The Cambridge Handbook of Communication Disorders examines the full range of developmental and acquired communication disorders and provides the most up-to-date and comprehensive guide to the epidemiology, aetiology and clinical features of these disorders.
Translation and Opposition is an edited volume that brings together cultural and
sociological perspectives by examining translation through the prism of
linguistic/cultural hybridity and inter/intra-social agency. In a collection of
diverse case studies, ranging from the translation of political texts to interpreting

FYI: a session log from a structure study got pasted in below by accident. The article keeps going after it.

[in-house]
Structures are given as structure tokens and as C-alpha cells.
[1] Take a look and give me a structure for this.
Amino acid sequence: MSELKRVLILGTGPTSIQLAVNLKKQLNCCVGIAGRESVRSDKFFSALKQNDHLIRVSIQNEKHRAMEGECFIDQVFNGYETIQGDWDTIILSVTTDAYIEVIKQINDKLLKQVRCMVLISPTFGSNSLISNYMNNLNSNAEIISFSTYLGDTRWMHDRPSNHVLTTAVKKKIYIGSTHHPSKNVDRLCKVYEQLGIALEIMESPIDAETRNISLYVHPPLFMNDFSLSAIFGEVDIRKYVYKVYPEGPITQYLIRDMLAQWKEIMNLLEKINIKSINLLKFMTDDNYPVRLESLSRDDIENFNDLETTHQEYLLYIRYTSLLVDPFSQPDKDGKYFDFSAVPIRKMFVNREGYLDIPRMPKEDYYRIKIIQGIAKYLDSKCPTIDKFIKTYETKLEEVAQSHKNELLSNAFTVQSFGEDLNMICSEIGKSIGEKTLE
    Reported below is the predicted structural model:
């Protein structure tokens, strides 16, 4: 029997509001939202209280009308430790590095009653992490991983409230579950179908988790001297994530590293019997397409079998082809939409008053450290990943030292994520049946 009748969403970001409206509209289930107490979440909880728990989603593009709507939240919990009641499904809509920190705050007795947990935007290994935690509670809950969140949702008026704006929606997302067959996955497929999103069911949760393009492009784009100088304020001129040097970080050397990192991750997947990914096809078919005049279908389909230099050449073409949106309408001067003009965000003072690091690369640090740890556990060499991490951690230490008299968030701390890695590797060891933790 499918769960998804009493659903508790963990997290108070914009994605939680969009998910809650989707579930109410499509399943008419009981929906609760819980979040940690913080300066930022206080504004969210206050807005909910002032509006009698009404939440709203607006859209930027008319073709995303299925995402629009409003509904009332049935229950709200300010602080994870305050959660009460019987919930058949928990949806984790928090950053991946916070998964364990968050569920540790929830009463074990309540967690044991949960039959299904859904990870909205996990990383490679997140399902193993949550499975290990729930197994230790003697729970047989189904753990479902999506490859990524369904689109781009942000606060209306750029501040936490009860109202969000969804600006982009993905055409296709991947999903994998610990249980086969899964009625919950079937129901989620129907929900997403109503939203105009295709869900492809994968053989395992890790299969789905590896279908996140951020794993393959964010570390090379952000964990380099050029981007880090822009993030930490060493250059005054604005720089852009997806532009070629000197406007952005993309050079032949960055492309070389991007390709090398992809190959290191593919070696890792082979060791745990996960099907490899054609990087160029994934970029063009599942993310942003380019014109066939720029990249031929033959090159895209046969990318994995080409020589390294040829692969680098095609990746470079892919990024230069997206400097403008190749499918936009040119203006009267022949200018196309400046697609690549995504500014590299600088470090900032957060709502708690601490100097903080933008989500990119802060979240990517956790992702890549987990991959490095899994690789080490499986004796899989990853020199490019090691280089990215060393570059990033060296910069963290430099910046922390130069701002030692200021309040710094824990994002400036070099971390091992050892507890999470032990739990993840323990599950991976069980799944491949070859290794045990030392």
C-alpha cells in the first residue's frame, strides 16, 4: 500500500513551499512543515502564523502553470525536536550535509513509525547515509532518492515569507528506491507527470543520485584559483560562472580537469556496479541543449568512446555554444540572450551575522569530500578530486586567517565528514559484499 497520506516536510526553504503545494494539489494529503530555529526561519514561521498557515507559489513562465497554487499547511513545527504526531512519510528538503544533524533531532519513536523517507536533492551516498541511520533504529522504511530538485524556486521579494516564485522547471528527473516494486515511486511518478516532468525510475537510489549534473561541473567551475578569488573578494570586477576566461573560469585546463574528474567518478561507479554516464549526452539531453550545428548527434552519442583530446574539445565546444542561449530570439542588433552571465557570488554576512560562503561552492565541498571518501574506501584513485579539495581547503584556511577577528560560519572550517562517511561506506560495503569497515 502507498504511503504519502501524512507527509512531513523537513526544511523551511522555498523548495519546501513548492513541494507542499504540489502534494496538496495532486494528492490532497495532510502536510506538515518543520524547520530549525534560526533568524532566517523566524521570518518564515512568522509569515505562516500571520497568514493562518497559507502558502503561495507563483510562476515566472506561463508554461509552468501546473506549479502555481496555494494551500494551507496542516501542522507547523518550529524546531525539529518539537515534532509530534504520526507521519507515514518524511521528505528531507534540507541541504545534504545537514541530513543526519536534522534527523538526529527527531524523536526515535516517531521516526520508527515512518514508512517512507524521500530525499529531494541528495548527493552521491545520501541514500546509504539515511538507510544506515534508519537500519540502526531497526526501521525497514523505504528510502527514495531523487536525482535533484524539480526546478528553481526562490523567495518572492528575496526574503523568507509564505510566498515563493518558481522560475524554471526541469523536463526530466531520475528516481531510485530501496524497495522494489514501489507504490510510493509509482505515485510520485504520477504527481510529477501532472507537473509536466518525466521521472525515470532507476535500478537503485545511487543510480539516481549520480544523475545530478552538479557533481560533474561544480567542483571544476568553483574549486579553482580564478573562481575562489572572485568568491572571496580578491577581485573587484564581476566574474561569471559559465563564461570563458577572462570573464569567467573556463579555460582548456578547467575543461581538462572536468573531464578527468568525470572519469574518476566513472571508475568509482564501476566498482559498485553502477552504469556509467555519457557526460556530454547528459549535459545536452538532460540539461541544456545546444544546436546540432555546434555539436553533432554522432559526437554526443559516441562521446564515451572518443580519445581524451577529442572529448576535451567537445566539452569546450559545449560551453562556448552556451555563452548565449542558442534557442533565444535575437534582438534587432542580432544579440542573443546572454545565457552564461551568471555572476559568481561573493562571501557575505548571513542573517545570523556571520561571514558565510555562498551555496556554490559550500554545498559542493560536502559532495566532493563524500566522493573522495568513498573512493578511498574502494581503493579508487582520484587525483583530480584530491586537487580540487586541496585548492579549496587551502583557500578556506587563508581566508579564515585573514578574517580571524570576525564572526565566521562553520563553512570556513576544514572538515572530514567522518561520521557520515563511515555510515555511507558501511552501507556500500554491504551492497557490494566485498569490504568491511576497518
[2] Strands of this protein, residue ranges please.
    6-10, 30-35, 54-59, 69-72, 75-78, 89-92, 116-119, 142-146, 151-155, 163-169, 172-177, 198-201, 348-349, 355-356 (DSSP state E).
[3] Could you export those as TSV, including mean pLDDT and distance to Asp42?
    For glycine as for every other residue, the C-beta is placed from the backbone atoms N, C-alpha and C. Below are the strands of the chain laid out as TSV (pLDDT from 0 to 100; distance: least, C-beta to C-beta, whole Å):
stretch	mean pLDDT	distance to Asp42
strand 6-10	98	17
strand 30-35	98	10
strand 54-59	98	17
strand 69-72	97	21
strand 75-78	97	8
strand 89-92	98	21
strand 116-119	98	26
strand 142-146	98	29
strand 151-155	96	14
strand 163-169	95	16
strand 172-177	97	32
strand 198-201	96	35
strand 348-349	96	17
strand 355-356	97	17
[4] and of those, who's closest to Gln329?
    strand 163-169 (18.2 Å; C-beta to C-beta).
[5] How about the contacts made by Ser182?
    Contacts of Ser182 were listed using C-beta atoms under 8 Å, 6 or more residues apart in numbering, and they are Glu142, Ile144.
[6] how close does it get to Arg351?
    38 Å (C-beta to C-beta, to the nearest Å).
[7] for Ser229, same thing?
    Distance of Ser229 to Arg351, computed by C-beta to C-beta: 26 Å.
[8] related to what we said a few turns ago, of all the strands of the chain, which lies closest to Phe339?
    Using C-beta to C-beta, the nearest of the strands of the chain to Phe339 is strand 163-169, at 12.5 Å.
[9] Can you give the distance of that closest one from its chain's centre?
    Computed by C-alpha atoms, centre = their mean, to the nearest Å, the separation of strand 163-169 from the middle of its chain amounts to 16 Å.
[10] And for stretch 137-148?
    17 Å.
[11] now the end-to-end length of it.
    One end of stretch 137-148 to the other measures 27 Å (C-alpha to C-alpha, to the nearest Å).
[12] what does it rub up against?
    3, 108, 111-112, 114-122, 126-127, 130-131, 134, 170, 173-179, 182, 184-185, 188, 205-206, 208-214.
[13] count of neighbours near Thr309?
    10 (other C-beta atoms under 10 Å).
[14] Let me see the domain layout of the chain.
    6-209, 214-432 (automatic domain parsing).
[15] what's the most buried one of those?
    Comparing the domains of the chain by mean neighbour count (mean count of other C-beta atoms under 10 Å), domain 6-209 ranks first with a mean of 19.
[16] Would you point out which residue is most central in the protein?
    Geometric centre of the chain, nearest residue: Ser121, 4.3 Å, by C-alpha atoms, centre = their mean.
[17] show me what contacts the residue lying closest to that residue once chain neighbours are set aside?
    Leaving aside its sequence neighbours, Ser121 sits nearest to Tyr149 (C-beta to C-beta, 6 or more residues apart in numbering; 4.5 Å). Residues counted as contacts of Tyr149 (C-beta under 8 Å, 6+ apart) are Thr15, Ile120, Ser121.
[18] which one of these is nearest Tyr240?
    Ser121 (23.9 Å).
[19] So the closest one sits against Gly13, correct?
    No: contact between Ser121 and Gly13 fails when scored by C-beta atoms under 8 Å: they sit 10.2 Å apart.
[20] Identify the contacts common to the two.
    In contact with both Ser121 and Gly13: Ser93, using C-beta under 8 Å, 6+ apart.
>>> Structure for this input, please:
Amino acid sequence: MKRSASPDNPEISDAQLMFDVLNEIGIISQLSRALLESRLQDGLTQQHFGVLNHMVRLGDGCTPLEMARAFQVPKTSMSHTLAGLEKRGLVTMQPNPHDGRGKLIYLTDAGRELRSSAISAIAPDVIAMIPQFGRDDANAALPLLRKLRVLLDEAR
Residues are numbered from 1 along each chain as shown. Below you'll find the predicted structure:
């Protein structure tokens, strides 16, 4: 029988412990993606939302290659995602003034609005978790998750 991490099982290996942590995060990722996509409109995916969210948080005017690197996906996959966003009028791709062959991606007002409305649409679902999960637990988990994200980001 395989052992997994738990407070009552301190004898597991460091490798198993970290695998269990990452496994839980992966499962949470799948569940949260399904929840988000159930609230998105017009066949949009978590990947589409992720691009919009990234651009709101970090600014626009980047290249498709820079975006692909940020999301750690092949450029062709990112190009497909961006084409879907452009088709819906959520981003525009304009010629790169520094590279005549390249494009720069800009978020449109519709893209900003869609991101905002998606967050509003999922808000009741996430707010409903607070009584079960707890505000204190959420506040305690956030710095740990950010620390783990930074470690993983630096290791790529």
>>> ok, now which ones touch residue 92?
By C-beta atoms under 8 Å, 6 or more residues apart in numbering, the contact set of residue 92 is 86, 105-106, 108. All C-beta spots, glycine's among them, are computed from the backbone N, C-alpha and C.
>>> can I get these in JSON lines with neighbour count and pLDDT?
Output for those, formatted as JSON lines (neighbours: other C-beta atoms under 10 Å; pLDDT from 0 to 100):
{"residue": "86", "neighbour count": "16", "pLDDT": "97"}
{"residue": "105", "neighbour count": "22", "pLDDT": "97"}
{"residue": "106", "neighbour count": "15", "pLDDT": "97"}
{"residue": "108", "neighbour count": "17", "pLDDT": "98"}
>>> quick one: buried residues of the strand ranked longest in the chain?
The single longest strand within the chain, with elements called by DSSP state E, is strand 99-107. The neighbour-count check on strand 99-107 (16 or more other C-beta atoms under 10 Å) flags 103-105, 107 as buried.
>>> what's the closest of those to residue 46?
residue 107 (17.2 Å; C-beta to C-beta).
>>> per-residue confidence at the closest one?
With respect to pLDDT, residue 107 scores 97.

in concentration camps, the book explores issues of power struggle, ideology,
censorship and identity construction. The contributors to the volume show how
translators, interpreters and subtitlers as mediators put their specific
professional and ethical competences to the test by treading the dividing lines
between constellations of ‘in-groups’ and cultural or political ‘others’.